While an extreme example, some form of price fluctuation after a hoard like that hits the market is common.

Top: Alexander III of Macedon, double daric, Mobile mint moving with Alexander’s Army in India, after 326 BCE 16.75 grams 19 mm from the Mir Zakah II hoard, Afghanistan. Private collection. Bottom: Greek Bactria, King Menander I. AR Drachm. OBV: royal bust Rev: Athena striding to the left holding shield and lightning; – from the Mir Zakah hoard.

Another hoard that impacted the market, albeit in a much more limited manner, was comprised of a small number of the famous pentekaidekadrachm of Berenice II minted under Ptolemy III Euergetes. There was only one known example valued at above $100,000 USD before this hoard was discovered. Immediately afterward, the price plummeted, with two examples in 2005 both selling for $14,000. The market seems to have absorbed the limited number of additional coins as prices continue to rise. The most recent example, of fine style and in phenomenal condition, sold for $84,000 with other less-preserved examples fetching lower yet still respectable prices.

Ptolemaic Egypt, Berenike II, wife of Ptolemy III. Circa 244/3-221 BCE. AR Pentakaidekadrachm (52.66g, 12h). Alexandrea, 246-221 BCE. OBV: Veiled and draped bust right REV: cornucopia, bound with fillet, two laureate pileoi. REF: Svoronos 988 and pl. XXXV, 2.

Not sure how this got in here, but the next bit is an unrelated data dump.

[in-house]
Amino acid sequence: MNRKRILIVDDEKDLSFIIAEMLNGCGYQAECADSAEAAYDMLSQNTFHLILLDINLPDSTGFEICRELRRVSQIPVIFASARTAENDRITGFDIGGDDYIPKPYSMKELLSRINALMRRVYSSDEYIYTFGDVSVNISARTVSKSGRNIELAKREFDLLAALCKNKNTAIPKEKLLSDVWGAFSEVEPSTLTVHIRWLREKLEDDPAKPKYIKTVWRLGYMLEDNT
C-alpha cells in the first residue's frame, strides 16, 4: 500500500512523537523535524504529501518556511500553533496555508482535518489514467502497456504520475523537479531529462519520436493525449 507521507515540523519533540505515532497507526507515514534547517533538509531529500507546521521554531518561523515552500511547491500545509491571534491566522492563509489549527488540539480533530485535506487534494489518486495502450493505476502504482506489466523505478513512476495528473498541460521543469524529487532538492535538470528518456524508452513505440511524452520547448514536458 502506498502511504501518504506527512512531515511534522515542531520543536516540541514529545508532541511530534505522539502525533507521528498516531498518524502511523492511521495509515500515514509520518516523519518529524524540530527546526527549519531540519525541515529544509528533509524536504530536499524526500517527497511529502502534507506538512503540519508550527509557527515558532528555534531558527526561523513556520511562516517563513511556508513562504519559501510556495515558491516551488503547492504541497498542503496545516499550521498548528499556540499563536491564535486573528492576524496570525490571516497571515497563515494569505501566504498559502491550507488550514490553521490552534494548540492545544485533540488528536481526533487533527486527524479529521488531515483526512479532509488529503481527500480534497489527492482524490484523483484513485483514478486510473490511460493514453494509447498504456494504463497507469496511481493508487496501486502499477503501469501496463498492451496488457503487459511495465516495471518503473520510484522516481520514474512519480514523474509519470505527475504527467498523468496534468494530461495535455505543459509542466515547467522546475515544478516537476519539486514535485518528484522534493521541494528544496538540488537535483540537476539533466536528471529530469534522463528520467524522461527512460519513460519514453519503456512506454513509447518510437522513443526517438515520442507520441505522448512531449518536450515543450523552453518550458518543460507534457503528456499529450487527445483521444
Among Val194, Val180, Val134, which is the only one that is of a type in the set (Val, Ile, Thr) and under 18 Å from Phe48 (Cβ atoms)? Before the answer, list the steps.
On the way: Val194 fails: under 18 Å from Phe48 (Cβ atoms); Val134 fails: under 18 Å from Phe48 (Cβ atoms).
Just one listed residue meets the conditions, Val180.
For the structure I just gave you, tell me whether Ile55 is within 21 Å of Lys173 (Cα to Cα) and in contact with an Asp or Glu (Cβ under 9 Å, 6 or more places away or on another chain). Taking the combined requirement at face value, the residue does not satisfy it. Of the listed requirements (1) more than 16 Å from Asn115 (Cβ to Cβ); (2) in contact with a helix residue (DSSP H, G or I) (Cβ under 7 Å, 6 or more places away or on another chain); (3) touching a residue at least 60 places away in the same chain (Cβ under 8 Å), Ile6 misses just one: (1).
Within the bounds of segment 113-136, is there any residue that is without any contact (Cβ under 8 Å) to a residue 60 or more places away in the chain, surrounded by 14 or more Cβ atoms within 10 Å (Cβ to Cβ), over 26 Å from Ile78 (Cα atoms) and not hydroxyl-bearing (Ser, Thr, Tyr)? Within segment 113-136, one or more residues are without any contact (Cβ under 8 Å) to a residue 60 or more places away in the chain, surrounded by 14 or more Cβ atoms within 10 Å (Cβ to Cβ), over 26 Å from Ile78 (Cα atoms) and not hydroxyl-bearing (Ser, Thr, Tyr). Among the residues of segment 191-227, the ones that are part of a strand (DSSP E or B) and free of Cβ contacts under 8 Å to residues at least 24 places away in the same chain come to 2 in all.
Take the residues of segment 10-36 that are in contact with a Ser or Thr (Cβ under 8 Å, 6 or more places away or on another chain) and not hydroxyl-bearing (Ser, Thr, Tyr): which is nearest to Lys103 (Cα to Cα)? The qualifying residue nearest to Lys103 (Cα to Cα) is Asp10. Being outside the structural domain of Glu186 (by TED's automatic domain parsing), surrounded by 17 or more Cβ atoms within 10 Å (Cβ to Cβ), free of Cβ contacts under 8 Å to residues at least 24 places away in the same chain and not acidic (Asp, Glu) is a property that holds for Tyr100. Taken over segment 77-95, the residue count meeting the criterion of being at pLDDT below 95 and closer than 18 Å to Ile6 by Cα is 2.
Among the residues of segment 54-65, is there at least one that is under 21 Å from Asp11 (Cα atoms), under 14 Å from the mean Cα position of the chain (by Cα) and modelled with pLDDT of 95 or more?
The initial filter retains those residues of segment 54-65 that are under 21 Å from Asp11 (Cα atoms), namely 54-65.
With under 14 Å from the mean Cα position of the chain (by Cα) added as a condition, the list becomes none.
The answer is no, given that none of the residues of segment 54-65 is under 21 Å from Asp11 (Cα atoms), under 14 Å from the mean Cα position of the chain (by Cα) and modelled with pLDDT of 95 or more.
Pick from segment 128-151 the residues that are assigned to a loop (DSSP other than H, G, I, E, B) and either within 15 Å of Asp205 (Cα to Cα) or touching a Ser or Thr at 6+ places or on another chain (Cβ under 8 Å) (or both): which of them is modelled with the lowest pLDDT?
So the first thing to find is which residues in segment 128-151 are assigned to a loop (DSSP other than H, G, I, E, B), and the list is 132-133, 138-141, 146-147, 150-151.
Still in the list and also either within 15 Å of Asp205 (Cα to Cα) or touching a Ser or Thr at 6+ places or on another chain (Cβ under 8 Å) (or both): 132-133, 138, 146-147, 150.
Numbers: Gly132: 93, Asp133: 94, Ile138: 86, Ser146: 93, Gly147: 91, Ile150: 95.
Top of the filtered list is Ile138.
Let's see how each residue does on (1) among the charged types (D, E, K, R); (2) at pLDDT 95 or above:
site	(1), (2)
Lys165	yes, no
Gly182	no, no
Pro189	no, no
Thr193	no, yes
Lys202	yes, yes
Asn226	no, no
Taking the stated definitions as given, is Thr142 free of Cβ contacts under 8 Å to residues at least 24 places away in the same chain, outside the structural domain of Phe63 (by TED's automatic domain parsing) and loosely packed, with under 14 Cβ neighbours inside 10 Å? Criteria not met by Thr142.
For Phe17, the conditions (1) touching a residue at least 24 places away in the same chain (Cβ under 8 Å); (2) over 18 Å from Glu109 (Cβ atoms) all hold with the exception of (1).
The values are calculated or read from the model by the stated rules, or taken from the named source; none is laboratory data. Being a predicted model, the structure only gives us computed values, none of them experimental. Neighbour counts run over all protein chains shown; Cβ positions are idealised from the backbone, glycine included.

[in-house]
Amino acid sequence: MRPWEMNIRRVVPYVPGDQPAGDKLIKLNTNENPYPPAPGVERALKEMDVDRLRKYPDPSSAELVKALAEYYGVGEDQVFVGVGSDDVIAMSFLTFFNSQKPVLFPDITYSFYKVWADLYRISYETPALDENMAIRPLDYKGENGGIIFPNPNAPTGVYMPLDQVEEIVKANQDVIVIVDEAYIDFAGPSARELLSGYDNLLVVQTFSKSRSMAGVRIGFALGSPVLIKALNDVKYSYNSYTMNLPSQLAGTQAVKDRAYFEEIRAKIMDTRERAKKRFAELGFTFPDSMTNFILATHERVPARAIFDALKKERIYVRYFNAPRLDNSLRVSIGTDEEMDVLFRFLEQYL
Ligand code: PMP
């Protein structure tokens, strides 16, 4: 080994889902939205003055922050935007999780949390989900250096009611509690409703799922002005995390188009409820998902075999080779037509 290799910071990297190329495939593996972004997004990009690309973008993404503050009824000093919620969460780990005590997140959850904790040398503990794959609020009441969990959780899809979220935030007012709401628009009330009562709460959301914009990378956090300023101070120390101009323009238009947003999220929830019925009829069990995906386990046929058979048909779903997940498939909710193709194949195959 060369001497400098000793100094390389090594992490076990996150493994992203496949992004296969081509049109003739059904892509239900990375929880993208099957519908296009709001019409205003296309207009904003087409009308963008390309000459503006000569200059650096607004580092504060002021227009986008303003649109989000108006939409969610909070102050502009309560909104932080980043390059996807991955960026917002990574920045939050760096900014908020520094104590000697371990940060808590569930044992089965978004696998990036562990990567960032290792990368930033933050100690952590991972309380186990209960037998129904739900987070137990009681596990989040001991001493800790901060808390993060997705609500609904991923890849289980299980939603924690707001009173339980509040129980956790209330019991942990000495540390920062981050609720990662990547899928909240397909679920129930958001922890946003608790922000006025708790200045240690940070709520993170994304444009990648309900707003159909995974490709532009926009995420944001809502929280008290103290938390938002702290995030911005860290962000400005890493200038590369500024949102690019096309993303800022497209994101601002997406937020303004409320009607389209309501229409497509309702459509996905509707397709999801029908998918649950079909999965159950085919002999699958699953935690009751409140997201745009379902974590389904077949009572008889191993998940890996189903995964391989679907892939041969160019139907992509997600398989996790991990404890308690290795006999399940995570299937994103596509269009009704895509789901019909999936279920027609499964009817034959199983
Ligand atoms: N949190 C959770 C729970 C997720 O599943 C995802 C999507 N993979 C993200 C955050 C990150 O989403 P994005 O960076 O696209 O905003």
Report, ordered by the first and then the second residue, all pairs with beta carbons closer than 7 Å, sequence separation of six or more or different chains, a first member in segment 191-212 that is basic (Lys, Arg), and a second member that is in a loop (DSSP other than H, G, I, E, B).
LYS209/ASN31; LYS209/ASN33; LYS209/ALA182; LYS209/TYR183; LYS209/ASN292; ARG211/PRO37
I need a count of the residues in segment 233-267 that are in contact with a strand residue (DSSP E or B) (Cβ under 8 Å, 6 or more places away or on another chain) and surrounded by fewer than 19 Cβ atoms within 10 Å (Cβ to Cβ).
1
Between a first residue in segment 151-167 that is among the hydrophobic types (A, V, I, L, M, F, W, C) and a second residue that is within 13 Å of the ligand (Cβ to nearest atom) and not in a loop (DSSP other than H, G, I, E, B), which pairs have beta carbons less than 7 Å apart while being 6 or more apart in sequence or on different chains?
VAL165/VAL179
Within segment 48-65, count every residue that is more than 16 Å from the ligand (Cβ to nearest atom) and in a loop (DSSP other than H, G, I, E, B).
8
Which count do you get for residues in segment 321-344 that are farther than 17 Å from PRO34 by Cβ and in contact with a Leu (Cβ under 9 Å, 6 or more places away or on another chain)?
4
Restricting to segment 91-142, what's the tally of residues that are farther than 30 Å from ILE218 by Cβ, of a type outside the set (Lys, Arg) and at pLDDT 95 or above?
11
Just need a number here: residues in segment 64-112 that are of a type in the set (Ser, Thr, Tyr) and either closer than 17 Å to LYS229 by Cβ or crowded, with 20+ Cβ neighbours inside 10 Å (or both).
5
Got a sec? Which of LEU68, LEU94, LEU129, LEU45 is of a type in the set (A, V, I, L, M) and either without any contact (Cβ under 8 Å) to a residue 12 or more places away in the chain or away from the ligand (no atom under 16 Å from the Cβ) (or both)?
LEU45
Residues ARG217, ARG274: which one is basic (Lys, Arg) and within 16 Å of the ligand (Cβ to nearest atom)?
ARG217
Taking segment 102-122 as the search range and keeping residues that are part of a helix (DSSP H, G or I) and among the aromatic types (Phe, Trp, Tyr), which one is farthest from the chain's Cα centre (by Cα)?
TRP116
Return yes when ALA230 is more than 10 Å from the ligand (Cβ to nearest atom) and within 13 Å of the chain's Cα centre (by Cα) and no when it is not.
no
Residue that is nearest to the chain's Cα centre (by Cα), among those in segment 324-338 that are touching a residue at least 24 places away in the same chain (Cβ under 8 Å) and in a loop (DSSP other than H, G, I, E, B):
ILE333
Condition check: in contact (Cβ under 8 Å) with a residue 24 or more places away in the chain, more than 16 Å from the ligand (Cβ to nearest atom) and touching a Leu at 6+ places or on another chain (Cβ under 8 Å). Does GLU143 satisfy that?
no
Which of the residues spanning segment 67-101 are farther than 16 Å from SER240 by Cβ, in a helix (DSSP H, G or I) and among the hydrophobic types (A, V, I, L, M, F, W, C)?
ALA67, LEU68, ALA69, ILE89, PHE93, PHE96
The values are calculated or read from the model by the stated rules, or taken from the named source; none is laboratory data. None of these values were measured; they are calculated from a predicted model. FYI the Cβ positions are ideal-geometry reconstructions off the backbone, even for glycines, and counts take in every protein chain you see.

A very good tool to research hoard discoveries can be found on an American Numismatic Society (ANS) website. Titled Coin Hoards, this website is a fascinating research tool that includes the “primary data and other information” from 2,387 hoards of Greek and non-Roman coins produced between 650 and 30 BCE. This resource can help an aspiring numismatist by providing a useful analysis of past discoveries and potential future developments. It is important to note, however, that past discoveries are not the end-all, be-all, and can only provide an indication of what else is yet to be discovered.

Restrictions

The second main trend in ancient numismatics is the ever-increasing restrictions on purchasing coins. I am not debating the morality or necessity of these international agreements – much ink has already been spilled on this topic, including by several CoinWeek authors. Here is a recent article from July 2020 discussing the Italy-US Memorandum of Understanding. Nevertheless, the fact remains that these restrictions are slowly restricting the overall supply of many types. As a result, these treaties have contributed to a general increase in prices.

Super-Wealthy Collectors

The third trend that has recently impacted the ancient market is the recent influx of hyper-wealthy individuals.